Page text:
The white Ford bus came to a gradual halt, tyres mildly sinking into the soft foliage surrounding the cabin. Its engine hummed a silent vibration, doing little to disturb the serenity of the coming sunrise.
Sister Hazel slid the bus-door open and hopped out, kicking and stretching. She yawned into a smile as Brother Brown came from the sides of the car to meet her. “Trust me, the driver’s even more tired” She reached for his hands and cupped it into hers, kissing it lightly. “We are grateful for the driver”.
Slowly they carried the children inside, one after the other, carefully avoiding a happenstance of waking even one up. Like an army of bees, the hornets’ nest was not to be stirred.
After the last of the children was tucked in, they sat down behind a kitchen table to a kettle of hot coffee. In silence, they sipped from their mugs.
The children balled up in a circle to listen to Sister Hazels announcement, excitedly pinching and giggling at themselves. She clapped a few more times before they fell into order.
“We are tired from the trip so today we won’t be going anywhere”
Their murmur of disapproval was resounding.
“You should be excited! It means more time for fun and games!”
The noise returned. It was Brother Brown, all the while leaned against the fence, who clapped them to silence this time.
“Lunch will be in an hour, Dinner at 6. I have said this already, and I am repeating it, no one is allowed to go into the woods without Brother Brown or myself. If for any reason any of you needs to, come see us and we will go with you. Daniel!”
A giggle went through the crowd. Daniel looked down at his feet, embarrassed.
“Have you heard!?”
The meeting was soon dismissed, with an understanding that Sister Hazel was to lie down but would after lunch join them in an Ampe ‘battle-of-the-sexes’ game. She strolled lazily into the cabin, falling into one of the settees.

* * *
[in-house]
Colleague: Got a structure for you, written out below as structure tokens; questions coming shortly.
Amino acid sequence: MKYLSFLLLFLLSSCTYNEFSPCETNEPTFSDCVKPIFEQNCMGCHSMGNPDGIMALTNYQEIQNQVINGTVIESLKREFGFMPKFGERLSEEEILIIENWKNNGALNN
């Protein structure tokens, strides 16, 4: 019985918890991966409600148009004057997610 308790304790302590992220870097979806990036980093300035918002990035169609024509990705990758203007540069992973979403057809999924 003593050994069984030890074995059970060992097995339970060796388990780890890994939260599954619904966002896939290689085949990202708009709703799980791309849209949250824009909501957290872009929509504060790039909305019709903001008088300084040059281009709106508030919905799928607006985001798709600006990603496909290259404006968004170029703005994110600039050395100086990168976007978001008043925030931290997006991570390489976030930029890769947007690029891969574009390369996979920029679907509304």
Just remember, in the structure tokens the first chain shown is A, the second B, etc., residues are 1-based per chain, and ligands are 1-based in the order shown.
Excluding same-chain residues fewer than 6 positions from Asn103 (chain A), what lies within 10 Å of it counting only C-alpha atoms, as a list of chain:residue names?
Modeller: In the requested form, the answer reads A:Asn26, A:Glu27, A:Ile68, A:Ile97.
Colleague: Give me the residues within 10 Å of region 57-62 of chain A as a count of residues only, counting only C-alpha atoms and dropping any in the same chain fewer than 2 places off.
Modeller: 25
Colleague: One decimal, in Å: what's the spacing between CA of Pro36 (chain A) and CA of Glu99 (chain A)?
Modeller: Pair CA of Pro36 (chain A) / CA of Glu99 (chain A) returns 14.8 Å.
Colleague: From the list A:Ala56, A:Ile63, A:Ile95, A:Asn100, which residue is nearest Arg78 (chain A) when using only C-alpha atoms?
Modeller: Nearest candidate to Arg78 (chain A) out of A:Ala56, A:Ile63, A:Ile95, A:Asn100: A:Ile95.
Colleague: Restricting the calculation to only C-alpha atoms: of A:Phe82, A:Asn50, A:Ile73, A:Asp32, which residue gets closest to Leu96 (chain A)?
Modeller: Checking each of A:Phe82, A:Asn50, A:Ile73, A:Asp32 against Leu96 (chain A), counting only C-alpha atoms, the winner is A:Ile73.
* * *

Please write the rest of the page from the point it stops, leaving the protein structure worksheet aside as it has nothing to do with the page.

Outside, the children run around in little groups, falling and screaming in jovial play. The sound of their voices carried for miles around. Paa Kwesi sat underneath a large tree watching his friends. So desperately, he wished he could join them. He wished he could laugh as loudly as they did, be as carefree, be happy, but he couldn’t. His 7 year old head lay heavy with the biggest burden his young mind had ever been faced with: asking Tabitha, the love of his life, to be his girlfriend. She was seated between her friends even now, twirling a flower between her fingers. She looked up and met his eyes.
“Hey…” The voice startled him, coming seemingly out of nowhere. He looked around him.
“Hey…” It came again, louder this time, a throaty whisper. He got up to his feet and stared at the space at which he was sat.
“Daniel? Is that you? This isn’t funny!”
Beyond the tree, his vision was blocked by the tall growth of weeds surrounding the compound. The voice had come from beyond the weeds. Going beyond the weeds meant going into the woods. Didn’t it?
“Paa Kwesi! Paa Kwesi!”
Sister Hazel’s lantern was a soft orange glow in an endless spread of darkness. Some distance from her, she heard the muffled sound of Browns voice, an echo of the helpless frustration in hers. She picked her steps through invisible twigs and pines, doing the most she could to avoid more bruises to the ones she had already acquired on her legs.
“Paa Kwesi! Paa Kwesi!”
As one hand buckled under the weight of a lantern she had been holding up for hours, the other gripped firmly at the beadings of her rosary. Between her screams, her lips whispered a prayer – that the boy would be found, that the boy would be okay.
It was some time before she realized her ears had stopped picking Brother Browns muffled cries. It frightened her. How long had she been out for? How far off from the children was she? She turned around.
Her steps changed in pace from hurried strides into a run as she got closer. A distance from her, she saw the furious thrusts of a cloud of smoke. The lantern dangled in her hands, threatening to slam into her heaving chest.
The cabin was in flames, casting a bright glow over the entire clearing. On weak legs she walked towards the fire, towards a silhouette of the boy standing in front of.
Paa Kwesi turned to look at her, a smile on his face.
“They are dead, Sister Hazel. I killed them.”